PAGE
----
Quick Project: Framed headboard
This is the story of my guest bedroom headboard. A few months ago, I had an idea to convert some leftover cabinet doors into a headboard by covering them in fabric and mounting them on the wall. It was a good idea, but the final result did not meet with my satisfaction.
So I came back for Round Two. This time, I did it right. With some plywood, foam and batting I created a new and improved fabric covered headboard for my guests. And this time, I trimmed in with some decorative moulding.
YOU WILL NEED:
18mm plywood cut to size of headboard
Fabric of choice
30mm thick foam to fit
Batting to cover
Decorative moulding of choice
Hangers to mount on wall
Rust-Oleum Painters Touch for decorative moulding
Bosch Tacker or staple gun
Wood nails and panel pins
Mitre box and saw
1. Layer the foam and batting on top of the plywood and secure in place with a few staples on the very edge.
2. Turn the headboard over and make sure your fabric is aligned correctly. If so, then start at the corners, making a neat tuck and fastening with staples. Start at one side and pull the fabric over, tuck under and staple every 5cm. Go to the opposite side and pull the fabric taut before stapling as before. Continue in this way for the other two sides.
If you want to add tufted or upholstery buttons to your headboard, then measure and drill holes in the back of your headboard with a 4mm drill bit, push the buttons from the front of the fabric, through the drilled holes and fasten at the back of the headboard.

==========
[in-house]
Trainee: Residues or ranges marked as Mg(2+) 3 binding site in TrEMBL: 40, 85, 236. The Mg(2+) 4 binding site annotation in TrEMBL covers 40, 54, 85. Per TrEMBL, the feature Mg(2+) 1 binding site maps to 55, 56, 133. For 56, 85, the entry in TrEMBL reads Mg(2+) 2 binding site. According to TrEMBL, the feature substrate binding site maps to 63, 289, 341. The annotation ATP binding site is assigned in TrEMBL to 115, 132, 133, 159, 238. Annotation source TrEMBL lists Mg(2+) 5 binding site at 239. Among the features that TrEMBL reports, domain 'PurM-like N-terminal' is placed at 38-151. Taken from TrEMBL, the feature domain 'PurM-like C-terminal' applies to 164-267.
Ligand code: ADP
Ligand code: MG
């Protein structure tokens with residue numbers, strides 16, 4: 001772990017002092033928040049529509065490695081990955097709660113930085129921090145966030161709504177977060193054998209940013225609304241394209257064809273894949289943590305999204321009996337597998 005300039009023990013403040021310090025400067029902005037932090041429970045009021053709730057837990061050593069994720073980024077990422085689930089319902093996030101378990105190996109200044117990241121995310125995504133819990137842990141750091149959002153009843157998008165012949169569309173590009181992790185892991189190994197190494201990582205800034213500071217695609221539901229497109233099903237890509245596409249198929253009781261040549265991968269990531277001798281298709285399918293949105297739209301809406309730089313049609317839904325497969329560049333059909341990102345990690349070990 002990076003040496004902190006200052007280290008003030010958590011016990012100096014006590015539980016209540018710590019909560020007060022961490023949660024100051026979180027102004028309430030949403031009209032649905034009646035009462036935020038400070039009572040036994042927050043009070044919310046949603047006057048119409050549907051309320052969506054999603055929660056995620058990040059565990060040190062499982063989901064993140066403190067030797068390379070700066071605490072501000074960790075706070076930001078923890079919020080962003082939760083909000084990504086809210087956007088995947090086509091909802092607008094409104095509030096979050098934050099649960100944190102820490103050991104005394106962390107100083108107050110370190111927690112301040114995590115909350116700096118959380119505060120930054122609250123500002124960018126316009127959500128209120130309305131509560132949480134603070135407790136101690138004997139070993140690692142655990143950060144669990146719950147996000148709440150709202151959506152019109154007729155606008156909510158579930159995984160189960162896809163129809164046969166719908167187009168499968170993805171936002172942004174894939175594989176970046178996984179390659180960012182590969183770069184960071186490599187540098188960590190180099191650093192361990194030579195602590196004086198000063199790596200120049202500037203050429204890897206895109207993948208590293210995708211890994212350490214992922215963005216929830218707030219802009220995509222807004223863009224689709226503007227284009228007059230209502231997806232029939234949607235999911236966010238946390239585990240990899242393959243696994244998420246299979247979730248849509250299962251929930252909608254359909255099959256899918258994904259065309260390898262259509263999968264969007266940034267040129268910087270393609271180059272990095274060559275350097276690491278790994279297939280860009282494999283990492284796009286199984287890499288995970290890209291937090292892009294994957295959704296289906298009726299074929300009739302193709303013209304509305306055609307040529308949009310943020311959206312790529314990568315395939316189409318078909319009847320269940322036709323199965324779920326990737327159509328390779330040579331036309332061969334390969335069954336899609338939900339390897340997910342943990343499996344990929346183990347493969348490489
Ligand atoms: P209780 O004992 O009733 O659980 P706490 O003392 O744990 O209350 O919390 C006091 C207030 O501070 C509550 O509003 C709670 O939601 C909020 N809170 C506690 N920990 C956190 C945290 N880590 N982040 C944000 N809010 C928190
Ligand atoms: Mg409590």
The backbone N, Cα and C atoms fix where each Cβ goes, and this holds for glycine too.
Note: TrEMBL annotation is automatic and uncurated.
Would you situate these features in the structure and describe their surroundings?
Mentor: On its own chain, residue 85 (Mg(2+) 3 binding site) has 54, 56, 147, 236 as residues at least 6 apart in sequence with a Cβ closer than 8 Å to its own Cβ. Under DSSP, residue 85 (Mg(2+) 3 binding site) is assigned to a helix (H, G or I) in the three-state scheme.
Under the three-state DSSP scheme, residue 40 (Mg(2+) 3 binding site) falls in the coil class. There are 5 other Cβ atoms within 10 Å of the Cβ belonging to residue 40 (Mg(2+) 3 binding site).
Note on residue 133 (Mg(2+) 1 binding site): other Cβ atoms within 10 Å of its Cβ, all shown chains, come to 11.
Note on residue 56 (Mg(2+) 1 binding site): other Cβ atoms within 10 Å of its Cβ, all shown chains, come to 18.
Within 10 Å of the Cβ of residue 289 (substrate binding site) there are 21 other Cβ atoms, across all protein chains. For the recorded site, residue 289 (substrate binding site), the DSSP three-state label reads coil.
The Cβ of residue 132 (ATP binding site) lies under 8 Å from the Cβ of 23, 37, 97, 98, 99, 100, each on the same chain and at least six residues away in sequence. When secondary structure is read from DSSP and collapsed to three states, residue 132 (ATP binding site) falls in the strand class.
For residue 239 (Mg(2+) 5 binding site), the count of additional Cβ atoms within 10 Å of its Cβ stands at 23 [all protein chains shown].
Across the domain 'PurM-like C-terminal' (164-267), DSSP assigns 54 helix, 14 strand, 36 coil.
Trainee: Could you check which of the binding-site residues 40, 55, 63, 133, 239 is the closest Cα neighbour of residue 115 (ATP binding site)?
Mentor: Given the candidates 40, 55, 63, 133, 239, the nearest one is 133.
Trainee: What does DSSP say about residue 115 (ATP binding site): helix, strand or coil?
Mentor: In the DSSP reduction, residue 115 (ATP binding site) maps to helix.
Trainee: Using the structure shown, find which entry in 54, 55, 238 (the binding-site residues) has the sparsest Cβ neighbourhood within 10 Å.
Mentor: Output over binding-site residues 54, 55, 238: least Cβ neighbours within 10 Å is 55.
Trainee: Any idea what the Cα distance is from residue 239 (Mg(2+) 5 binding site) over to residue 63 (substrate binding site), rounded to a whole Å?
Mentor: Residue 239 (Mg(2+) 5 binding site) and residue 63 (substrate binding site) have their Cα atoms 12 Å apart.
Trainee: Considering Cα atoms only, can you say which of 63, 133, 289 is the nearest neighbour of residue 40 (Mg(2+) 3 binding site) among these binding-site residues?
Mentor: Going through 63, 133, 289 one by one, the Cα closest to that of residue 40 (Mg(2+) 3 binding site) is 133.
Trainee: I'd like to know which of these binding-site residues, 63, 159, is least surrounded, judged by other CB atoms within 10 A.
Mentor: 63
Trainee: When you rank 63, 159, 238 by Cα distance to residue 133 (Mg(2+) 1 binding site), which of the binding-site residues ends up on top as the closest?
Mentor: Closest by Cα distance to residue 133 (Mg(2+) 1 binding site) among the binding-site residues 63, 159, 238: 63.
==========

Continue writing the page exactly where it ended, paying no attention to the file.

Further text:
3. Paint your trim to your colour of choice. I chose none other than Rust-Oleum spray paint in Heirloom White.
For a more glamorous finish you could use Rust-Oleum Metallic spray in gold, silver, burnished copper, aged bronze. Be sure to spray in a well ventilated area. You shouldn't need to apply more than one coat.
4. Secure your hangers to the back of the headboard with screws. Hang headboard on wall, checking that it is level. For wall mounting use the appropriate fischer wall plugs and screws.
5. Measure and cut your previously painted trim with a mitre box or compound miter saw.
6. Secure to the edge of the headboard with panel pins and a hammer. Make sure you lightly tap them in so they are flush to the trim. If you hammer too hard you will damage the moulding.
7. Use wood filler on the corners to fill in any gaps and on your nail holes. Paint over the nails to hide them. In my case, I sprayed some of my spray paint into a plastic cup, and used an artist’s brush to paint over the nails.